Petitioner's second argument is that the second attorney who was appointed to represent him on appeal proceeded on the basis of the transcript of trial but did not confer with petitioner. In the light of Anders v. California, 386 U.S. 738, 87 S. Ct. 1396, 18 L. Ed. 2d 493 (1967), we conclude that counsel, appointed to represent an indigent appellant, ordinarily should consult with his client at least once to ascertain his client's desires with regard to the alleged trial errors which the appellant wishes to press, because counsel has a duty to press arguments initiated by his client which may arguably be supported, even though counsel does not personally espouse them. Ordinarily this consultation is more effective and efficient if it occurs in a personal interview, but circumstances may make this impossible so that resort to correspondence must be had.
But however desirable the procedure we suggest may be, we cannot say that it is one required by the Constitution. Moreover, petitioner does not suggest any arguments which should have been raised on appeal that cannot be dealt with on their merits in these proceedings. Their absence and the fact of the limited scope of review on appeal after pleas of guilty, lead us to conclude that a failure of the attorney to consult with petitioner does not amount to a denial of the constitutional right to the effective assistance of counsel.
Petitioner's contention with respect to the trial judge's competency to sentence him is grounded on the assertion, not disputed in argument, that the judge resigned his office within nine months after petitioner's case was terminated. The resignation, it is said, followed a complaint to the Governor about the trial judge's mental condition by a member of the grand jury which indicted petitioner and the filing of medical reports with the Virginia Supreme Court of Appeals. Under Code of Va. § 51-22, et seq. the Supreme Court of Appeals was at that time vested with authority to remove a judge on the ground that he had become mentally incompetent. The fact that petitioner received a sentence grossly disproportionate to the sentence imposed upon his codefendant who was of greater or equal guilt is stressed, and it is claimed that petitioner had no convictions more recent than sixteen or seventeen years prior to the crimes in question. Overall, it is argued that the inference that the trial judge had become mentally incompetent prior to petitioner's sentencing should be drawn, and petitioner should be afforded the opportunity to attempt to prove his contention.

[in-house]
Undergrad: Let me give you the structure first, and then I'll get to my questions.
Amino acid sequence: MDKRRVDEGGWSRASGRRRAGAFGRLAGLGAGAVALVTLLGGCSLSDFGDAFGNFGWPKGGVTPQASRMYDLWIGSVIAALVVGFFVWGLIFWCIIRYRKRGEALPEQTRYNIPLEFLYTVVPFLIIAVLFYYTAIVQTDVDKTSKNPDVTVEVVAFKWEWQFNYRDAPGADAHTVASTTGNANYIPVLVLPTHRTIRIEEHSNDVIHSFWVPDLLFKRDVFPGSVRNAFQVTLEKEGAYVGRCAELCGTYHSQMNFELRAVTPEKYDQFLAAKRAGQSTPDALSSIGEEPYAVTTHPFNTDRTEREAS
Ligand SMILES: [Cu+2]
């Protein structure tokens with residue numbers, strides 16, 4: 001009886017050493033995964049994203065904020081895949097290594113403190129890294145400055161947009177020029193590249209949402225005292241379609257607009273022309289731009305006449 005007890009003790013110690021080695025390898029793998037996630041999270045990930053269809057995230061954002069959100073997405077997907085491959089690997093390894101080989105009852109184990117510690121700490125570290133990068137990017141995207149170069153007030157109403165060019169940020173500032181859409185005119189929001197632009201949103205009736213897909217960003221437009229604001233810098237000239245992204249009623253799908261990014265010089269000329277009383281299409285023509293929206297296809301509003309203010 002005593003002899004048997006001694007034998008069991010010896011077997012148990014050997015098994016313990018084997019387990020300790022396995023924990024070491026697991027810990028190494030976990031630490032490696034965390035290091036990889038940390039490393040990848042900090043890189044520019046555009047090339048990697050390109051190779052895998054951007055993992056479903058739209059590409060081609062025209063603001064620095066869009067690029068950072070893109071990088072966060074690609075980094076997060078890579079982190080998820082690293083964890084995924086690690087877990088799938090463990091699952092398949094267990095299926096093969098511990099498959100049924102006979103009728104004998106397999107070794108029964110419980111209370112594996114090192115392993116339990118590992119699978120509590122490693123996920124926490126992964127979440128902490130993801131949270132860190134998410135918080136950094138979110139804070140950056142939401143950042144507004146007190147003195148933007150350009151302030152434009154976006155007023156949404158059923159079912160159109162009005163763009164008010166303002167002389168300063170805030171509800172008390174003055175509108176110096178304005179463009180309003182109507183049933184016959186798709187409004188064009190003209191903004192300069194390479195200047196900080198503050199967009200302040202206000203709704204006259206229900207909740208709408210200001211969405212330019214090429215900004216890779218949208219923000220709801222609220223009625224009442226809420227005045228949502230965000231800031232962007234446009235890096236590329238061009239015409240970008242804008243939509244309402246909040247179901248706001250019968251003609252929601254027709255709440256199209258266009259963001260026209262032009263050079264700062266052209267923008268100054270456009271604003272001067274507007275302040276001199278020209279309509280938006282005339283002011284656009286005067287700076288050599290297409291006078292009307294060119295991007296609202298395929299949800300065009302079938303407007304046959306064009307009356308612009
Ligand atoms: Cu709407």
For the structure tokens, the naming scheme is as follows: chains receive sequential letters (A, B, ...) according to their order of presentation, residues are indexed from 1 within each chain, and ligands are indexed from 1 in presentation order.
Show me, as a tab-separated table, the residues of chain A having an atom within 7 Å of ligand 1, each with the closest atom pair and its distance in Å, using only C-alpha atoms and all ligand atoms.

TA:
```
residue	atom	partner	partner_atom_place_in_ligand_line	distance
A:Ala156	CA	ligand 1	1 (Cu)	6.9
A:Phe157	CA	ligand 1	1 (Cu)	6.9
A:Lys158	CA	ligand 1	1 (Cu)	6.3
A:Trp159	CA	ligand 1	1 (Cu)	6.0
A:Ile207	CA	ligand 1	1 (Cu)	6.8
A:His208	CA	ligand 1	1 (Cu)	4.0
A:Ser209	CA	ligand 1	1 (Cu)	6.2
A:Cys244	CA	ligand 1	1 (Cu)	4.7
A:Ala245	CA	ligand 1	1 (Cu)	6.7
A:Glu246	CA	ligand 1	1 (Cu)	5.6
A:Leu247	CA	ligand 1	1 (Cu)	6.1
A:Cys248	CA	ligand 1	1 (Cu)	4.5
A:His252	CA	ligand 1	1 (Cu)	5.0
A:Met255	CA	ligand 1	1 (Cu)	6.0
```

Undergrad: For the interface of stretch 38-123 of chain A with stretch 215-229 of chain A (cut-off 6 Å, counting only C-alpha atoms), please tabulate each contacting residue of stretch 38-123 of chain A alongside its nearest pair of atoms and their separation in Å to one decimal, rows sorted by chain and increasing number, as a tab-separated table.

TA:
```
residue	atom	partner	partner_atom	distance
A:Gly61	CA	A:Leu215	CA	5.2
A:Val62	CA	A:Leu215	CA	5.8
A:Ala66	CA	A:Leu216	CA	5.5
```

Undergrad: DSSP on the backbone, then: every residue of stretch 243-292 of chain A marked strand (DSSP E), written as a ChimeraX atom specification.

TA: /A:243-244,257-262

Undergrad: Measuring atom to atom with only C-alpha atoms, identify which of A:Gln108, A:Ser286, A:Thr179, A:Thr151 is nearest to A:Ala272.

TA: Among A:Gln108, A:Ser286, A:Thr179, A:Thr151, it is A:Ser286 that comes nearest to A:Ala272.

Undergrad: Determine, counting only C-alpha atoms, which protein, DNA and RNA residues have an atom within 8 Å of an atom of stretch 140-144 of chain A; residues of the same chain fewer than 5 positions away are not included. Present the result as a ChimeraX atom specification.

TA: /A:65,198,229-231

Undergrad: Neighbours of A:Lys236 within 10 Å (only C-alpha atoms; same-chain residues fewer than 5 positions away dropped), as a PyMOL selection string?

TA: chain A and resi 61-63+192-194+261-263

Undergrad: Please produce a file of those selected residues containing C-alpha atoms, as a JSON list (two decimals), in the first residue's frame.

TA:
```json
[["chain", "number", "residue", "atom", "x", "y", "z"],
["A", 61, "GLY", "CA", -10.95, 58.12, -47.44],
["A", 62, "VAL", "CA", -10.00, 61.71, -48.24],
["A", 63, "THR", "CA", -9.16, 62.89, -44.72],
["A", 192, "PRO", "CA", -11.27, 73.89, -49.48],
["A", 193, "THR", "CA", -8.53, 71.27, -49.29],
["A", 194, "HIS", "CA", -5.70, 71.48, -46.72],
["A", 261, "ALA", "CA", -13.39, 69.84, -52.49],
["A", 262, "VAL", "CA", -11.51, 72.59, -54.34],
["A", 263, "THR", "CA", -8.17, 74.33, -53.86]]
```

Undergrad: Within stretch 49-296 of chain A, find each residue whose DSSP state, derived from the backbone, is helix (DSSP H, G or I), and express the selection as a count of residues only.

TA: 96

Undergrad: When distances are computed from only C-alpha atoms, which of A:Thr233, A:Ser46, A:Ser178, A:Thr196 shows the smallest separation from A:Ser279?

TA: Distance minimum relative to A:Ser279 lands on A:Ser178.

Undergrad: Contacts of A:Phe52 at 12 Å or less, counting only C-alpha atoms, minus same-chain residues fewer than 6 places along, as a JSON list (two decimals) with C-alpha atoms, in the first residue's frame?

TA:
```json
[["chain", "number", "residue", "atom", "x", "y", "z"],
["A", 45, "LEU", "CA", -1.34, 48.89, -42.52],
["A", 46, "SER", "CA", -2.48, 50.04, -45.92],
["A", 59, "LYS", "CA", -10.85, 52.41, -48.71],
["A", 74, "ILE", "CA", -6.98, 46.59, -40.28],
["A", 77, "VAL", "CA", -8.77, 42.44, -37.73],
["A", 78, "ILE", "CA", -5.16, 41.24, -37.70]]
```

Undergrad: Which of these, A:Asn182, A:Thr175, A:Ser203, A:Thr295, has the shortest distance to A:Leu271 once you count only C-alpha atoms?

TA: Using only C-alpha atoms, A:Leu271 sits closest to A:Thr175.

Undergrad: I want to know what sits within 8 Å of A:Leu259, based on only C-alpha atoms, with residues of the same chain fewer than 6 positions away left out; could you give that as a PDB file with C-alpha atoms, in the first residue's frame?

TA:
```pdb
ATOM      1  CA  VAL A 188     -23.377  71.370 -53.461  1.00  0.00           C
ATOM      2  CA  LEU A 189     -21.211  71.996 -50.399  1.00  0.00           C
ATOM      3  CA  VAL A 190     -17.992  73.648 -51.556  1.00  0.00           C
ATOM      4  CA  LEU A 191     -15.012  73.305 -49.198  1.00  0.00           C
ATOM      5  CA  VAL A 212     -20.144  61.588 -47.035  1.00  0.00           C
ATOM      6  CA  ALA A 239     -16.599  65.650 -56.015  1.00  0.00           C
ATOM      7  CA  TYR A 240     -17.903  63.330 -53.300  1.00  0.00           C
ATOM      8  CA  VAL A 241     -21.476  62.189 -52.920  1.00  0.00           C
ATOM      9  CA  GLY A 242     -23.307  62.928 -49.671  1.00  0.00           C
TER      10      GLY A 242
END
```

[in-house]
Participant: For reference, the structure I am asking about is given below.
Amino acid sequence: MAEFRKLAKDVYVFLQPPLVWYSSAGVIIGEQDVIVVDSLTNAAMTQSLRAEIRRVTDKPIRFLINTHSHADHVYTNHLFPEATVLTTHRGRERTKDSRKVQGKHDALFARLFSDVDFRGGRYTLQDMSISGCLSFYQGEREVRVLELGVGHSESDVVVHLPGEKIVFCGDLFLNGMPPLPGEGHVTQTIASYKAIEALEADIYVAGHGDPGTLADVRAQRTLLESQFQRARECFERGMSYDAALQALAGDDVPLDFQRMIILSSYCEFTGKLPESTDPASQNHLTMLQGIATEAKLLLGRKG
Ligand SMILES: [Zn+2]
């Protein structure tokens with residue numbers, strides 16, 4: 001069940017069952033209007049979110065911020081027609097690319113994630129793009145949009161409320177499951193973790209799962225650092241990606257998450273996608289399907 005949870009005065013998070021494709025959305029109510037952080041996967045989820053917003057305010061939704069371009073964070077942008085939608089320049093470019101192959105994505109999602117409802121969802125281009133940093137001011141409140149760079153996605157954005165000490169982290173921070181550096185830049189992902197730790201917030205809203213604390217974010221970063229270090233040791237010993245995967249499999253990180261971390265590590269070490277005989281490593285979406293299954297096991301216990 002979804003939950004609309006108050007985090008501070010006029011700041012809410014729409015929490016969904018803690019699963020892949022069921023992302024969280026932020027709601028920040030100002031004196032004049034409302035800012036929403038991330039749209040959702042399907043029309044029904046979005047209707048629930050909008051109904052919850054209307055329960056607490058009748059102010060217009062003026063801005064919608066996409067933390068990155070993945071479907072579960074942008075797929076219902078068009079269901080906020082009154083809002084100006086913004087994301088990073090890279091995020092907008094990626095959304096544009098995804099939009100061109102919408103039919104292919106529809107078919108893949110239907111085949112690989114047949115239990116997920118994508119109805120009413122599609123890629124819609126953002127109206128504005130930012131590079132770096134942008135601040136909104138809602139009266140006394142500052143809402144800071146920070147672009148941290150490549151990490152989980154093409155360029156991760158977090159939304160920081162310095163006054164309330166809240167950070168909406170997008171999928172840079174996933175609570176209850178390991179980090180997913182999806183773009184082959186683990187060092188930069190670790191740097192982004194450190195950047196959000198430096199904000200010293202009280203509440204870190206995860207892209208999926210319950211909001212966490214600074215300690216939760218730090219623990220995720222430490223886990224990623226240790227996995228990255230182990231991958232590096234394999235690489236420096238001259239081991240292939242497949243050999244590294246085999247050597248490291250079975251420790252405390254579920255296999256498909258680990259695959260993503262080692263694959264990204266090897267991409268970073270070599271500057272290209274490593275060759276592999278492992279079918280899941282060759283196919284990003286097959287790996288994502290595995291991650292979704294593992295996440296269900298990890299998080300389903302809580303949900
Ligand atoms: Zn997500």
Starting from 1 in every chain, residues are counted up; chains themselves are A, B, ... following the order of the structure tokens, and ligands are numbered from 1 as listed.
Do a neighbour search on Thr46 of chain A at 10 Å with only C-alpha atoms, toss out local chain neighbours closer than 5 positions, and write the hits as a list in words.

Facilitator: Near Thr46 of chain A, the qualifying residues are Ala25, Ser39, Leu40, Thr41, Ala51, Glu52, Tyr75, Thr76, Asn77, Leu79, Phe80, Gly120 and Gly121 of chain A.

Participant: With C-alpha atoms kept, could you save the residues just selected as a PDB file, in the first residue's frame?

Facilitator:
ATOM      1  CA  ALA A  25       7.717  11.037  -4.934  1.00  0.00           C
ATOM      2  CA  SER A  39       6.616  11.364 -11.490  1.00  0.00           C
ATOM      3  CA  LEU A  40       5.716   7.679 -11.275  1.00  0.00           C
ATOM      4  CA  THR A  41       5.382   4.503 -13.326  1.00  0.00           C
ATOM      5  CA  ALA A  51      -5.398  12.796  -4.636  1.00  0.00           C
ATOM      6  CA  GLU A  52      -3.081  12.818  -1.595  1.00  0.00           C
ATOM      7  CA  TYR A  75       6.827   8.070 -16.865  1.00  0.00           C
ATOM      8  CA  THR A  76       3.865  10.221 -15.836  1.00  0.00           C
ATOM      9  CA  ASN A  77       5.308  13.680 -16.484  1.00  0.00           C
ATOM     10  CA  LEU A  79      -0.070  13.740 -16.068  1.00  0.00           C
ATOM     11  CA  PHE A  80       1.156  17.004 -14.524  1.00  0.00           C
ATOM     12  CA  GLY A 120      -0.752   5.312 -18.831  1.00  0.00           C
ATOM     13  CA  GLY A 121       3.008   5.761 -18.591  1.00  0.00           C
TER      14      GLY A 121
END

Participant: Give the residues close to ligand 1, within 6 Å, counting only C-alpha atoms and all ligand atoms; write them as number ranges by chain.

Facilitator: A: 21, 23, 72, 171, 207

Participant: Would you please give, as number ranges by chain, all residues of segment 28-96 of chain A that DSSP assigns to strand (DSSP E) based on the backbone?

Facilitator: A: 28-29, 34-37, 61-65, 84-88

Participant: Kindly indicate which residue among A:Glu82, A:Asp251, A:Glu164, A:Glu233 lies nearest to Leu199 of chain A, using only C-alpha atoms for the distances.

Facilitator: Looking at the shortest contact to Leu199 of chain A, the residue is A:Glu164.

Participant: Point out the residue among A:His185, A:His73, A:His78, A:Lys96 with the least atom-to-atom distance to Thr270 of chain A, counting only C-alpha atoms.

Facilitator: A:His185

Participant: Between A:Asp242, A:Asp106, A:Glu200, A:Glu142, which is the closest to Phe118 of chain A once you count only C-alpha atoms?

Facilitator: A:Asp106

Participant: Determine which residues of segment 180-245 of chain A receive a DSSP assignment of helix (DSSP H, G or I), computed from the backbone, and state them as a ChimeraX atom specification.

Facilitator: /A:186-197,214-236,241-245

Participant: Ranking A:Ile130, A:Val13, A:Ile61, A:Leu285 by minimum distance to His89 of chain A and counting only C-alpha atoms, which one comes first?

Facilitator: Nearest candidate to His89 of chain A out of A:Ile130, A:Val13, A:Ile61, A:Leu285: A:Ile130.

Petitioner sought to raise this point in his initial state application for a writ of habeas corpus, alleging that he was entitled to relief because the court was not "properly constituted." This petition was denied by the trial court, but the denial was reversed by the Virginia Supreme Court of Appeals, which directed that petitioner be afforded a plenary hearing on the various issues he raised. Petitioner then filed an amended petition for habeas corpus. The amended petition adopted by reference the allegations of the original, but did not explicitly repeat the claim that the trial court had not been duly constituted. Petitioner's counsel also sought an order for the issuance of a subpoena duces tecum to require the production of the trial judge's medical records. The request was denied on the grounds that the competency of the judge was not raised in the petitions. Counsel declined to amend his pleading further, although at the hearing he lodged an objection on the record to the court's denial of an order directing the subpoena duces tecum to issue. When the amended petition for a writ of habeas corpus was denied after plenary hearing, petitioner appealed on the grounds, inter alia, that it was error to refuse to order the subpoena to issue and that the court below should have granted relief because the trial judge was in poor mental and physical health. The Supreme Court of Appeals refused to grant a writ of error, without commenting upon these grounds.